Before jumping in, it’s critical to establish a basic understanding of capital markets, what they are and how they function. A capital market is essential to optimizing production, as well as the allocation of resources, within an economy, as the presence of capital markets allows savers to put their wealth with companies that are capable of using it to lengthen the structure of production, improve productivity and efficiency, and provide in general for the economic reality of the future. Self-interested savers invest because they wish to see a return on the investment they make; they therefore use their savings to buy stock in companies they believe are most suited toward fulfilling consumer wishes. In this way, a stock price serves as one of the most crucial signals available to entrepreneurs seeking to turn a profit by delivering desirable goods and services to the market’s consumers: rising stock prices of tech companies such as Apple and Google, for instance, may reflect general desires on the part of the members of society to enjoy products like theirs in the future. On a more basic level, the prices of commodities and raw materials around the world are also capable of serving as signals, and direct the allocation of resources according to the underlying global economic realities. A rise in the price of oil due to international conflict or severe natural disaster, for example, provides entrepreneurs with an incentive to save scarce oil by economizing on cheaper alternative inputs. Like the system of wages, this is not a perfect solution to the problems of scarcity we face, but it is the best one devised by humankind up until this point in our history on planet Earth.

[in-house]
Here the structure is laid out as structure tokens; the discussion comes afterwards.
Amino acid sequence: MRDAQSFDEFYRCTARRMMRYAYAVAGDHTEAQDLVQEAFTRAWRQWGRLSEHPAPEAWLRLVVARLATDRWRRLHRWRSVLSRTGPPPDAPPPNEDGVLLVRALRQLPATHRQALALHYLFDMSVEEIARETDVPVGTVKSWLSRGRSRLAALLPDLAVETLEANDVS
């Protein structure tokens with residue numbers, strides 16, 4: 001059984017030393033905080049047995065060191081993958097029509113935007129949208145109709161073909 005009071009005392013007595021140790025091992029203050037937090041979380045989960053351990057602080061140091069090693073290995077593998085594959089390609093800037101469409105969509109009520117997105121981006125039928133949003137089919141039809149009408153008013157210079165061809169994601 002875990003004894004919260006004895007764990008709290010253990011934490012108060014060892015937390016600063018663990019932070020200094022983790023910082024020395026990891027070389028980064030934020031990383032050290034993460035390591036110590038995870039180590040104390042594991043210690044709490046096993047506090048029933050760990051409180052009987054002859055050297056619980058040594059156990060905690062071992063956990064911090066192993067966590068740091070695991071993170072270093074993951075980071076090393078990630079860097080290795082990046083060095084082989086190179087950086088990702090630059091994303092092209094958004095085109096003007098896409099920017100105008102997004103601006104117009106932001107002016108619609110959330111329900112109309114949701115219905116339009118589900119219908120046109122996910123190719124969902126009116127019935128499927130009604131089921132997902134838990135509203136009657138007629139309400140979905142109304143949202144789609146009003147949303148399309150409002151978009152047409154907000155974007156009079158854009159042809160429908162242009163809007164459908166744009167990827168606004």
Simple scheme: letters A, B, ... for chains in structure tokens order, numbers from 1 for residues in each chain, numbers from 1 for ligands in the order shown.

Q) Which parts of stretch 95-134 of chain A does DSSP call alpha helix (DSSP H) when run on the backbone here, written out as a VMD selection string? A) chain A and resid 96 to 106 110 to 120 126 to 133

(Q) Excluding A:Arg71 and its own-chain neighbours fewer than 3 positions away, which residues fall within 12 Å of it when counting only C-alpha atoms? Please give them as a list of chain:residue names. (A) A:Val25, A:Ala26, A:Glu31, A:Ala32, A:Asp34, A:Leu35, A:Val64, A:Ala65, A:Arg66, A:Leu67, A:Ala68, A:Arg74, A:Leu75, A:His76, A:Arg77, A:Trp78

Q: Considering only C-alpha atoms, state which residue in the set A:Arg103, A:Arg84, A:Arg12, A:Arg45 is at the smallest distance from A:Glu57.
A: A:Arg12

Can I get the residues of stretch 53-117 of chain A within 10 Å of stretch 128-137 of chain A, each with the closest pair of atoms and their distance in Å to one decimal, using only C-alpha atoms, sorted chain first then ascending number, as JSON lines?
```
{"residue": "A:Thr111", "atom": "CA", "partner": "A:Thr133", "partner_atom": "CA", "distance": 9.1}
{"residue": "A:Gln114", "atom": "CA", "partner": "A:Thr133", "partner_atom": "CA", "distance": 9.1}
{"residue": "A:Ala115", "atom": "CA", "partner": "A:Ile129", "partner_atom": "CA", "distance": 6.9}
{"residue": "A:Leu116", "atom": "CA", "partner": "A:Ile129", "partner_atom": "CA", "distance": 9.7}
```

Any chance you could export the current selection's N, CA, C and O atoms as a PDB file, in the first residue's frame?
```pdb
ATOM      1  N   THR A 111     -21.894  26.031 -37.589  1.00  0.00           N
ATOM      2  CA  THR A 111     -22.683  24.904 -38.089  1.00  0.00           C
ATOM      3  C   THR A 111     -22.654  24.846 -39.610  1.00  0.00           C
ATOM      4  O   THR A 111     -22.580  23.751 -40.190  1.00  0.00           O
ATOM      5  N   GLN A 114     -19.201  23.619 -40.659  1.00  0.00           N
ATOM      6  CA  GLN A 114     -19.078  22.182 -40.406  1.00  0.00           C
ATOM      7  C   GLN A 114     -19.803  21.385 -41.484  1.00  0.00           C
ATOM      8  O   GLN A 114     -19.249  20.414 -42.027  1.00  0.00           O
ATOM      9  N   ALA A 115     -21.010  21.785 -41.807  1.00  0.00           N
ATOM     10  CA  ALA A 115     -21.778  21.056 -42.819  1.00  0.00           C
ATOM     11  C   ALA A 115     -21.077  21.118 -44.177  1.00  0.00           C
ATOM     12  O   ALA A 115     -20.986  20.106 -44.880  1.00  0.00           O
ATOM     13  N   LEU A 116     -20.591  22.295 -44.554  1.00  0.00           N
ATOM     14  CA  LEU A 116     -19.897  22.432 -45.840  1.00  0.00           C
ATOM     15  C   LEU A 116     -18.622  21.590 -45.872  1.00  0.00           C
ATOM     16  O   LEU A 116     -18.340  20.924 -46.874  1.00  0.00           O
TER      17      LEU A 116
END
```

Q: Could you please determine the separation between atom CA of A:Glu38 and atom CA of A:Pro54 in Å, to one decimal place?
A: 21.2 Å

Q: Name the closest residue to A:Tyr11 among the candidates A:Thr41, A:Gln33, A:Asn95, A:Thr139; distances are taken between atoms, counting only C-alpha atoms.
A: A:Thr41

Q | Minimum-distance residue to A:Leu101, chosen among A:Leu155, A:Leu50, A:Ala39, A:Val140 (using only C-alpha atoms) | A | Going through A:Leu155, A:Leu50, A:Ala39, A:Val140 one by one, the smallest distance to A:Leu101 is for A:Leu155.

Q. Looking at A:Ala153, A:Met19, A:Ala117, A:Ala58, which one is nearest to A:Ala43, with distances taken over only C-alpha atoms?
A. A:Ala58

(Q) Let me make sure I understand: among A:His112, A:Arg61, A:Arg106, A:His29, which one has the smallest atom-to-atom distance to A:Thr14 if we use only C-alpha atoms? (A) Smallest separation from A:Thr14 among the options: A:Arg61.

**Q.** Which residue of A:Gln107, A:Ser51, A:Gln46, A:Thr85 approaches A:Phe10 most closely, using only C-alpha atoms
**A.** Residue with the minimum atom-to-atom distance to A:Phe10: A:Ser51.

One of the reasons that capital markets are so effective is their capability for harnessing the natural self-interest of all parties involved and channeling them towards an outcome that is, in general, mutually beneficial. The sovereign wealth funds of Myerson’s platform, however, do not necessarily enjoy this advantage. Sovereign wealth funds (or SWFs) can be funded in a number of different ways, and Myerson does not make clear which method he would choose for a SWF here in the United States. No matter the method, though, it’s likely that a venture such as an SWF would be subject to political pressures. (Some SWFs do not publicly reveal their portfolios but it is difficult to believe that this would fly here in a federal format–in addition to concern over using federal money in undisclosed ways, it is also possible that the rise of a large fund of this kind could fuel systemic risk). The public disclosure of fund management decisions, however, also seems problematic–we need only look at issues like conflict minerals and the gay marriage views associated with certain companies to see how collective investment decisions can become politicized. At present, citizens are free to choose on an individual basis whether or not to patronize or invest in companies that are tied to any of these or other issues, but under a SWF arrangement, the state makes these investment decisions for all of its citizens. This also raises concerns over allocating capital and resources according to political pressures instead of the preferences of individual savers and consumers, and thereby risking waste of resources and relative impoverishment.